Johnson leaves behind a welter of unfinished climate business at home and abroad — and it’s not clear anyone else will pick up the baton. “There’s obviously still vastly more to do,” said Hall.

The stakes could hardly be higher. The next prime minister will be chosen through an internal Conservative Party election now underway amid a sweltering heat wave, which scientists say has been dialed up by climate change. Candidate Sajid Javid sweated profusely through his campaign launch event on Monday.

Whoever wins will need to deal with a huge gap between ambition and action if the country is to meet its goal of reaching net zero carbon emissions by 2050.

In a progress report a fortnight ago, the U.K.’s Committee on Climate Change said the government only had credible plans to achieve two-fifths of its 2035 climate target — a legally binding staging post on the way to zeroing out emissions. Manufacturing, agriculture and buildings are the areas that have been most neglected.


This, honestly, is the (only) bad thing about Johnson going. His wife pushed the green agenda hard, and he didn’t disagree. None of the extremists going for the job shows any indication of understanding the gravity of the problem.
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Texas Bitcoin miners get paid to shut down, return power to grid in heat wave • Fortune

Eamon Barrett:


According to Lee Bratcher, president of the Texas Blockchain Council, “nearly all industrial-scale bitcoin mining” operations in Texas have shut down their rigs as of Monday, Bloomberg reports, freeing up 1,000 megawatts of electricity to be redistributed by the grid. Bratcher says that’s equal to 1% of Texas’s total grid capacity.

Texan bitcoin miners have powered down during previous crises, such as when a winter storm gripped the state in February. Reducing demand from power-hungry bitcoin mines freed up power supply for more life-giving services, like heating.

“We are proud to help stabilize the grid and help our fellow Texans stay warm,” Nathan Nichols, CEO of mining firm Rhodium, wrote on Twitter at the time.

But miners aren’t switching off their rigs just to be altruistic; economic incentives are driving that decision.

Grid operator the Electric Reliability Council of Texas (ERCOT) brokers “demand response” agreements that pay industries, including some bitcoin miners, to downsize operations during times of peak demand to provide more energy to the grid. For bitcoin miners, which can power operations on and off with the flip of a switch, taking ERCOT’s payout rather than continuing to mine bitcoin during times of tight power supply makes a lot of sense.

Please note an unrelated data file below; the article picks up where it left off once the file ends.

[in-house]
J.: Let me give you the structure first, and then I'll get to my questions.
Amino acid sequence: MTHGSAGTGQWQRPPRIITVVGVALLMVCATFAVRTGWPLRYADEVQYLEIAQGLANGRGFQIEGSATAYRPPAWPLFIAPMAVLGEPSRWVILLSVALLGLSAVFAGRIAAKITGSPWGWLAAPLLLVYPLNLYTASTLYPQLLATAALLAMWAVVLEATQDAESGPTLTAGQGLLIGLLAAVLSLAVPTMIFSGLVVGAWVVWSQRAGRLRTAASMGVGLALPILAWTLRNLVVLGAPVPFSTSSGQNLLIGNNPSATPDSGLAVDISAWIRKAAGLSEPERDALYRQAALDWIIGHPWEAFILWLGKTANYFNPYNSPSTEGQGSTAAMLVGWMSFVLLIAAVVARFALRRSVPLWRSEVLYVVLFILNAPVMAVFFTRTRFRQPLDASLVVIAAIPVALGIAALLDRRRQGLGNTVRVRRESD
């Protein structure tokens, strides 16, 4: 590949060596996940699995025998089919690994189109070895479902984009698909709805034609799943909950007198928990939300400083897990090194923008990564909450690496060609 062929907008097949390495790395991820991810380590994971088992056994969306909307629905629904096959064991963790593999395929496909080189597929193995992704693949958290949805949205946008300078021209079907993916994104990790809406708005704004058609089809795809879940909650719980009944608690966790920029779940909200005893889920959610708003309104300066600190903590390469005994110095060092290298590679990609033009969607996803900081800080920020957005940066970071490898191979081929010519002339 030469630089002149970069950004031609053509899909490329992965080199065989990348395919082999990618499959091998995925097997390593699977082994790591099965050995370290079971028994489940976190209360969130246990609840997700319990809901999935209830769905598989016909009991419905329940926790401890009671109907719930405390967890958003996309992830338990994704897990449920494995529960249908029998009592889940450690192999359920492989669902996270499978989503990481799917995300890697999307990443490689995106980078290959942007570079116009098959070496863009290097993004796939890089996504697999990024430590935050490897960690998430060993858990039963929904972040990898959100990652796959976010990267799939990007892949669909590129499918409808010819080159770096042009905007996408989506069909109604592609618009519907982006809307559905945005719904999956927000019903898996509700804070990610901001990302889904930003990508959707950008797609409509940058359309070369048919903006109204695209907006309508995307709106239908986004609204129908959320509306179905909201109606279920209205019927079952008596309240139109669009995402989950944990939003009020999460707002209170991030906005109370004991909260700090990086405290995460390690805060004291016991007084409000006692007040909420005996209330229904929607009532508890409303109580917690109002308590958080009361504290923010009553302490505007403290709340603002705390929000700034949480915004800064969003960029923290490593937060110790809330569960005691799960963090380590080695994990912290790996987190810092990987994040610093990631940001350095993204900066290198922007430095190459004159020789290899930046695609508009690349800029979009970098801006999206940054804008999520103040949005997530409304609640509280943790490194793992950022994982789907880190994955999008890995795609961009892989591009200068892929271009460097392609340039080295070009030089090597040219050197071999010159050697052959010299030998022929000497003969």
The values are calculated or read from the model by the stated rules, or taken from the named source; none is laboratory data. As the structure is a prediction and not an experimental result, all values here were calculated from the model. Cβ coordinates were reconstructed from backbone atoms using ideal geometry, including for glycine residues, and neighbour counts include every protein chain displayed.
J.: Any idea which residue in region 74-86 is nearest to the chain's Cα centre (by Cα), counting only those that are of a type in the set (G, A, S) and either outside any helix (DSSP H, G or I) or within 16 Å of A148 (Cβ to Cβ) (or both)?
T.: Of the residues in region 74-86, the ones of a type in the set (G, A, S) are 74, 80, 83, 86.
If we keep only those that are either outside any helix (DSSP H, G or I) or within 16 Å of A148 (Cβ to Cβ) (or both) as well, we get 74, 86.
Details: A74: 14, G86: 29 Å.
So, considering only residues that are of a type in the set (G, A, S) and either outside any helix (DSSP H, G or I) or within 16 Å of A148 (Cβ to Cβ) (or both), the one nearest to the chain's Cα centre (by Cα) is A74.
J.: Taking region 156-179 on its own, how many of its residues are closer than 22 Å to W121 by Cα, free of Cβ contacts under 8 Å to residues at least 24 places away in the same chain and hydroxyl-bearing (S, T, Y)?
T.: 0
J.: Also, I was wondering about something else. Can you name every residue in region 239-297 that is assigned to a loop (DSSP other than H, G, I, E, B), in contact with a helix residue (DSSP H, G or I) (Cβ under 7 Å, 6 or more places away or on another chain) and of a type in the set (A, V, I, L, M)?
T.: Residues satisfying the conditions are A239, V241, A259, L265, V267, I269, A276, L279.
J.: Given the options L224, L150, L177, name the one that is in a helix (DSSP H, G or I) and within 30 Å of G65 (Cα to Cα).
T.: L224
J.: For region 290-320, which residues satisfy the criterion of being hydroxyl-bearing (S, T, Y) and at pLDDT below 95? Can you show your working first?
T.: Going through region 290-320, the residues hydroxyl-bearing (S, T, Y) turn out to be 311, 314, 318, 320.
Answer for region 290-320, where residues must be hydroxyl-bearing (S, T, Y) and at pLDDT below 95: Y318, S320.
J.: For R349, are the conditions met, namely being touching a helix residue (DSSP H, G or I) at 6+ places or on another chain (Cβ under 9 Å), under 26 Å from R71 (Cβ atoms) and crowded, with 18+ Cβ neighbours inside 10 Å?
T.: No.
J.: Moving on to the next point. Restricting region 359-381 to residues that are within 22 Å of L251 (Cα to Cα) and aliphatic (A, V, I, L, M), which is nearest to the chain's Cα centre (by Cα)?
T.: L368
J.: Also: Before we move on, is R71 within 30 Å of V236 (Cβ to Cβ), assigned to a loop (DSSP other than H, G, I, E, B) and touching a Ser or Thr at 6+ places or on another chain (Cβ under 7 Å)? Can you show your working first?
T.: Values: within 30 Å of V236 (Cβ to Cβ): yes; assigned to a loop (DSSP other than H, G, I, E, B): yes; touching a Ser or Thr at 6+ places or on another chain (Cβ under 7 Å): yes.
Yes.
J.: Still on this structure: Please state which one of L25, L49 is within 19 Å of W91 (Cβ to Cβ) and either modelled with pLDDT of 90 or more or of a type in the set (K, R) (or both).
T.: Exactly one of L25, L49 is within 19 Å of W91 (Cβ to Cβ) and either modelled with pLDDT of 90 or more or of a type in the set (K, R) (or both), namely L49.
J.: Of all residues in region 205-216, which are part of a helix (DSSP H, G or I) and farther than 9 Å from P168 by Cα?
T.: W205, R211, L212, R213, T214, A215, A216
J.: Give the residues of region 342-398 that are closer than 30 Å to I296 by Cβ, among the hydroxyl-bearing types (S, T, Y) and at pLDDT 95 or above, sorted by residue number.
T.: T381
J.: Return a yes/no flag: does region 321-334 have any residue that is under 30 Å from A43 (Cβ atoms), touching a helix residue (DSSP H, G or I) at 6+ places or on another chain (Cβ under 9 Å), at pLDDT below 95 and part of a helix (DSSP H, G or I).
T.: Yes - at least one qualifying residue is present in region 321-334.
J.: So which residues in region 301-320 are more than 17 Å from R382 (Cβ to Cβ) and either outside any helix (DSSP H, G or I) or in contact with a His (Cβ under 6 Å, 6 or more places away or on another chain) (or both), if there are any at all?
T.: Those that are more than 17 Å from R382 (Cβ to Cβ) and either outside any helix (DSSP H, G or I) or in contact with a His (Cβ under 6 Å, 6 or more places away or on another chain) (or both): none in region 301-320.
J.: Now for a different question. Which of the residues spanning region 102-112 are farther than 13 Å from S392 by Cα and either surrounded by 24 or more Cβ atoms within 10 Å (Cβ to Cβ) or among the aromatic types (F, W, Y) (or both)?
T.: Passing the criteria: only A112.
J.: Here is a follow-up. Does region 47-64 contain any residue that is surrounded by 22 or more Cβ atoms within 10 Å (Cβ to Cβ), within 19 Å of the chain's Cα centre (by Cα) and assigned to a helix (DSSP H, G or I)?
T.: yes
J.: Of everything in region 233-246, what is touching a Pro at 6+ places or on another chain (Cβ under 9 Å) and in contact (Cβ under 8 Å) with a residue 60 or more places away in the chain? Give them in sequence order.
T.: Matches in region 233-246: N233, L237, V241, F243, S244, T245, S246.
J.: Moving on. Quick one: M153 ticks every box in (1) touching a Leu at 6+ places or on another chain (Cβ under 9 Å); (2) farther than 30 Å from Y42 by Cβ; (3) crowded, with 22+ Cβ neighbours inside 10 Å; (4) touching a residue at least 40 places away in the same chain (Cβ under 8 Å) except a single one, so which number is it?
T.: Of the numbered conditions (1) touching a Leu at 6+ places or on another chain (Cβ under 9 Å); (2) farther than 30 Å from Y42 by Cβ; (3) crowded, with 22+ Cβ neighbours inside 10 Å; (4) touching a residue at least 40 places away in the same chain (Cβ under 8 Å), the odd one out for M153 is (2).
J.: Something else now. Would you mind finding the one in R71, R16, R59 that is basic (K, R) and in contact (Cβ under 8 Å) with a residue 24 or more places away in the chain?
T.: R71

Bitcoin mines are only profitable so long as the cost of the energy they use remains below the value of bitcoin gained. That calculus is why miners seek out jurisdictions like Texas, where electricity prices are relatively low. But a weather-induced spike in demand across the grid inflates the cost of electricity and reduces profitability for miners.


Texas power prices spike absolutely enormously. It hasn’t of course figured out how to join the rest of the US grid, so people may have to suffer rolling blackouts. Bitcoin clearly isn’t a huge user (relatively) of the grid’s power. But 1% can be the difference between working and not working.
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Global PC shipments down 15% in Q2 2022 due to Chinese production crunch • Canalys


The second quarter of 2022 brought major disruption to the PC market, as COVID lockdowns in China stymied manufacturing. The latest Canalys data shows total shipments of desktops and notebooks fell 15.0% annually to 70.2 million units, the lowest level since a similar disruption occurred in Q1 2020. Demand headwinds, especially from consumers, have also ramped up as inflation remains unchecked in many of the world’s largest PC markets.

Notebook shipments fell 18.6% in Q2 2022 at 54.5 million units, down for a third consecutive quarter as education procurement remained muted compared with the same quarter a year ago. Desktops fared much better, posting modest growth of 0.6% to 15.6m units as the strength of commercial demand amid the further opening of economies helped spur investment in desktop refreshes and upgrades. The premium commercial segment will remain a bright spot for the overall PC market this year, despite mounting challenges in the global macroeconomic outlook. 


Perhaps surprisingly, Apple isn’t in the top five (Asus is fifth with 4.7m units shipped). That might be because it didn’t have any new models during the quarter, and everyone who know about these things was waiting for the M2 chip. Which is now shipping.

Tough times again for the PC market, though.
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• Why do social networks drive us a little mad?
• Why does angry content seem to dominate what we see?
• How much of a role do algorithms play in affecting what we see and do online?
• What can we do about it?
• Did Facebook have any inkling of what was coming in Myanmar in 2016?

Read Social Warming, my latest book, and find answers – and more.

Errata, corrigenda and ai no corrida: none notified